Seth Stephens-Davidowitz cleverly uses google searches to uncover the link between rising unemployment and child abuse.
After declining for many years in the United States, the searches that seem to have come from abuse victims themselves rose as soon as the Great Recession began. On weeks that unemployment claims rose, these searches rose as well. Searches that appear to have originated with people who suspect abuse also provide evidence that the increase is caused by the economic downturn. Controlling for pre-recession rates and national trends, states that had comparatively suffered the most had increased search rates for child abuse and neglect. Each percentage point increase in the unemployment rate was associated with a 3 percent increase in the search rate for “child abuse” or “child neglect.”
He also shows that budget cuts are taking a noticeable toll and likely result in understated crime statistics.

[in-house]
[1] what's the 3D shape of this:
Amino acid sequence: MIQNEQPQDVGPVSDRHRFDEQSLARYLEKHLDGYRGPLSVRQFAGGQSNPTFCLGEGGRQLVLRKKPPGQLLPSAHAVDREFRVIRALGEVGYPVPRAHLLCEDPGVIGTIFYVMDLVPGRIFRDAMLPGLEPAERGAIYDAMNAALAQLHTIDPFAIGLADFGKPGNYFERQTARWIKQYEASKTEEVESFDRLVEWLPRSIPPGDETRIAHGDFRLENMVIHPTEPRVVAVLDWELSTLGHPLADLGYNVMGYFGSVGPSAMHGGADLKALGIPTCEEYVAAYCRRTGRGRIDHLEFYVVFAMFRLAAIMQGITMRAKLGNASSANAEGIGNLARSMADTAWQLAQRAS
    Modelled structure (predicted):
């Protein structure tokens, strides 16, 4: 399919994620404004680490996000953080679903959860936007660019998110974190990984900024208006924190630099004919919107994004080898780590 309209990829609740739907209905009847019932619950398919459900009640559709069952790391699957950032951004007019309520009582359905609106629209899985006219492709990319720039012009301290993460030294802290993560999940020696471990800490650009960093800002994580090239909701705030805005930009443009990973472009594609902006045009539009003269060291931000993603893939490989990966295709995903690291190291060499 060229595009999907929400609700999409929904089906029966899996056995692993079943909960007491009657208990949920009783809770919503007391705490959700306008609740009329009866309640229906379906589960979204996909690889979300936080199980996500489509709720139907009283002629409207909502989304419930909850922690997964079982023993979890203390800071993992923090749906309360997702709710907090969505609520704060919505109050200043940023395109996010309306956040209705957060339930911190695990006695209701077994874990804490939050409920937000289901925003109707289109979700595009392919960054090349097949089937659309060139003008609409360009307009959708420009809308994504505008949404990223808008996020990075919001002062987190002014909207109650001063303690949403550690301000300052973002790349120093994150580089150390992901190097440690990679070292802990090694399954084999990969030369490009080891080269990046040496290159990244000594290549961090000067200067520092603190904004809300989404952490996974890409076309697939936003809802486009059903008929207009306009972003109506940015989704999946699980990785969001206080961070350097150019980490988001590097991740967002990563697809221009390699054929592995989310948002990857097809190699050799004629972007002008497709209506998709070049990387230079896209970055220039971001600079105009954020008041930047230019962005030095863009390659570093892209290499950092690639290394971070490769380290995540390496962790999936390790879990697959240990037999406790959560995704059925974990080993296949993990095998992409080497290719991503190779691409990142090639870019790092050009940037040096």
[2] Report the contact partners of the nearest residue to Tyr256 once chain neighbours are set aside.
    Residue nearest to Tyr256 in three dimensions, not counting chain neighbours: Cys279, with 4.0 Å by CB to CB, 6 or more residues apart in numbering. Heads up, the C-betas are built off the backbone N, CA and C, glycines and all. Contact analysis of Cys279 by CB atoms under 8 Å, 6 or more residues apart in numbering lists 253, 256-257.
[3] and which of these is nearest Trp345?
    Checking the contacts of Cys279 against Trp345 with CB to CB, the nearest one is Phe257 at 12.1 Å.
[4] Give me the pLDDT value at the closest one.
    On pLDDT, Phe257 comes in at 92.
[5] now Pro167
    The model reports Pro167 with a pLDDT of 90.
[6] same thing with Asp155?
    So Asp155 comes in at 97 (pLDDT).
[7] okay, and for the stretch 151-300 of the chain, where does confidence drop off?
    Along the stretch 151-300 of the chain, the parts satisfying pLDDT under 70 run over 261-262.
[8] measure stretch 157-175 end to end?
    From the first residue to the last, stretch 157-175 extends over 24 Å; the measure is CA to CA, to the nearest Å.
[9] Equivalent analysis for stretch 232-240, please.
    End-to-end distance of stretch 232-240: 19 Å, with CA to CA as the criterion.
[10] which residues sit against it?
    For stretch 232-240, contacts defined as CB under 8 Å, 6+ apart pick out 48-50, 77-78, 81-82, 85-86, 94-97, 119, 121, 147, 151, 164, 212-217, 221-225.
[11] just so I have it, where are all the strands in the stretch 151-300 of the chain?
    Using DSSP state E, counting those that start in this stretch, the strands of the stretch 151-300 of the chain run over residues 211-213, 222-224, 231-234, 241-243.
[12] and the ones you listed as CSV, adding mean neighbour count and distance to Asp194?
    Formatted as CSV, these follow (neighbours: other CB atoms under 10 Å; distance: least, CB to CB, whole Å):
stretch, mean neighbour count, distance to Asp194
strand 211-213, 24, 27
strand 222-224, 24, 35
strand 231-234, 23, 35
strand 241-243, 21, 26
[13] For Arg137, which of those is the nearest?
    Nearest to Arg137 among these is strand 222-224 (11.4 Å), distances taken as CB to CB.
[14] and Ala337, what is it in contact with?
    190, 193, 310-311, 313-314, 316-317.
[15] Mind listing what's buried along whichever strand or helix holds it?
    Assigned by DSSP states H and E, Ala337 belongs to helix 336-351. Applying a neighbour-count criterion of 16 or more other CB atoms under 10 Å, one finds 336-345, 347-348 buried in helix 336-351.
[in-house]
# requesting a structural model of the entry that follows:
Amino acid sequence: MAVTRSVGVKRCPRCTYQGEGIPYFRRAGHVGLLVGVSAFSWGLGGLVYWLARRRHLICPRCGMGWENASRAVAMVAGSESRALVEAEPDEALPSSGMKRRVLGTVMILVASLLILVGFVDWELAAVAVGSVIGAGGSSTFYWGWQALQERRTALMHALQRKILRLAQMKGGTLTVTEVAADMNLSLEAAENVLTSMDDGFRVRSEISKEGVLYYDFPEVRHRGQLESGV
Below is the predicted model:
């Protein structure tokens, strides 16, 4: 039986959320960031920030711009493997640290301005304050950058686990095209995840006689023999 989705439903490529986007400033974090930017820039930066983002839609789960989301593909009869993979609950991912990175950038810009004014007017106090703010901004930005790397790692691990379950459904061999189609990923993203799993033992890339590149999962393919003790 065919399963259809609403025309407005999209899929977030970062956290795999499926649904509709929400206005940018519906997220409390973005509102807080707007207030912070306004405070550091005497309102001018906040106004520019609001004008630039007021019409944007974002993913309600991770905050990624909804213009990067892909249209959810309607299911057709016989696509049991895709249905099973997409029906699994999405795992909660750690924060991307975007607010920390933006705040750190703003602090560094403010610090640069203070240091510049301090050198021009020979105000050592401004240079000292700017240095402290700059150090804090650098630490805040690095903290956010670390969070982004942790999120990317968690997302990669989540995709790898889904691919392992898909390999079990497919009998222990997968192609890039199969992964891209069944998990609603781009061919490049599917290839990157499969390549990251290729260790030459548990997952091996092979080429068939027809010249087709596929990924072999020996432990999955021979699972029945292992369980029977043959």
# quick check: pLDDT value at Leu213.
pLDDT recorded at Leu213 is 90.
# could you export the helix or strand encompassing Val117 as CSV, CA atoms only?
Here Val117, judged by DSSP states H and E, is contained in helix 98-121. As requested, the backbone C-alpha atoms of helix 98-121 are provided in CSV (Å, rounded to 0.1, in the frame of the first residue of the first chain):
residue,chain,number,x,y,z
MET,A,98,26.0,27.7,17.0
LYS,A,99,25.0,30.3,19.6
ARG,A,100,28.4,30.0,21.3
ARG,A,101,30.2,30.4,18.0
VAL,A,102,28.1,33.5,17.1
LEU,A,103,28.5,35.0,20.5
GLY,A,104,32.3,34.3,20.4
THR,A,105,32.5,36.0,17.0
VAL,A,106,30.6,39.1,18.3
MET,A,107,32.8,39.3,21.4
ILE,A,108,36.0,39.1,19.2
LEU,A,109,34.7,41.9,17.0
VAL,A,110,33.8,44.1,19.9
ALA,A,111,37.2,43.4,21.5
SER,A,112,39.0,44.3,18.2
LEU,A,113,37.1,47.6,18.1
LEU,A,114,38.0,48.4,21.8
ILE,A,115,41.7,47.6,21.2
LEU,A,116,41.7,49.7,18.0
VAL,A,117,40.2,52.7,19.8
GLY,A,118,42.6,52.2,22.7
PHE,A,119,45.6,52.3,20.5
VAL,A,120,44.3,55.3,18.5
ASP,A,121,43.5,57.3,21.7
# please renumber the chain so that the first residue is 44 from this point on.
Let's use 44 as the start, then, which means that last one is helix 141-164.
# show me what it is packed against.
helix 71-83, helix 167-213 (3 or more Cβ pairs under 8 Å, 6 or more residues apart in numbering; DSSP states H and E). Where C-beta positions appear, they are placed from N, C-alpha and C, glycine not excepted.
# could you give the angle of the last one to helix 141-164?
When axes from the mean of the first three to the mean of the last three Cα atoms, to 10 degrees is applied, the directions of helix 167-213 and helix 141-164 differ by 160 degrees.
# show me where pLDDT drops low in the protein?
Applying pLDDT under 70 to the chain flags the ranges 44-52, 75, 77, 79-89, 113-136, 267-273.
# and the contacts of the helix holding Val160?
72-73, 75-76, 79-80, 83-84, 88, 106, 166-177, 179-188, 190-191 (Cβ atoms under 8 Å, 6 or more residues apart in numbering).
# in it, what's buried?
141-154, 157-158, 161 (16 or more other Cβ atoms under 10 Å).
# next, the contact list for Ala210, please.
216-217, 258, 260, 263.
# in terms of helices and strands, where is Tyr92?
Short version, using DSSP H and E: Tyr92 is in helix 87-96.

When you compare places that Google search data suggest have similar levels of abuse or neglect, you find that the less an area spends on social services for children, the lower its reported rates of child maltreatment. My research also shows that when a particular group’s budget is reduced, it reports fewer cases of maltreatment. Cut resources for teachers, for example, and teachers report fewer of their suspicions. […] Consider, for example, Detroit. Its police department recently reported 20 percent reductions in some major crimes. Might this be because of dwindling police department resources? The average time it takes to get a response to an emergency call to the Detroit police is now 58 minutes, and many precincts have stopped taking crime reports in evening hours.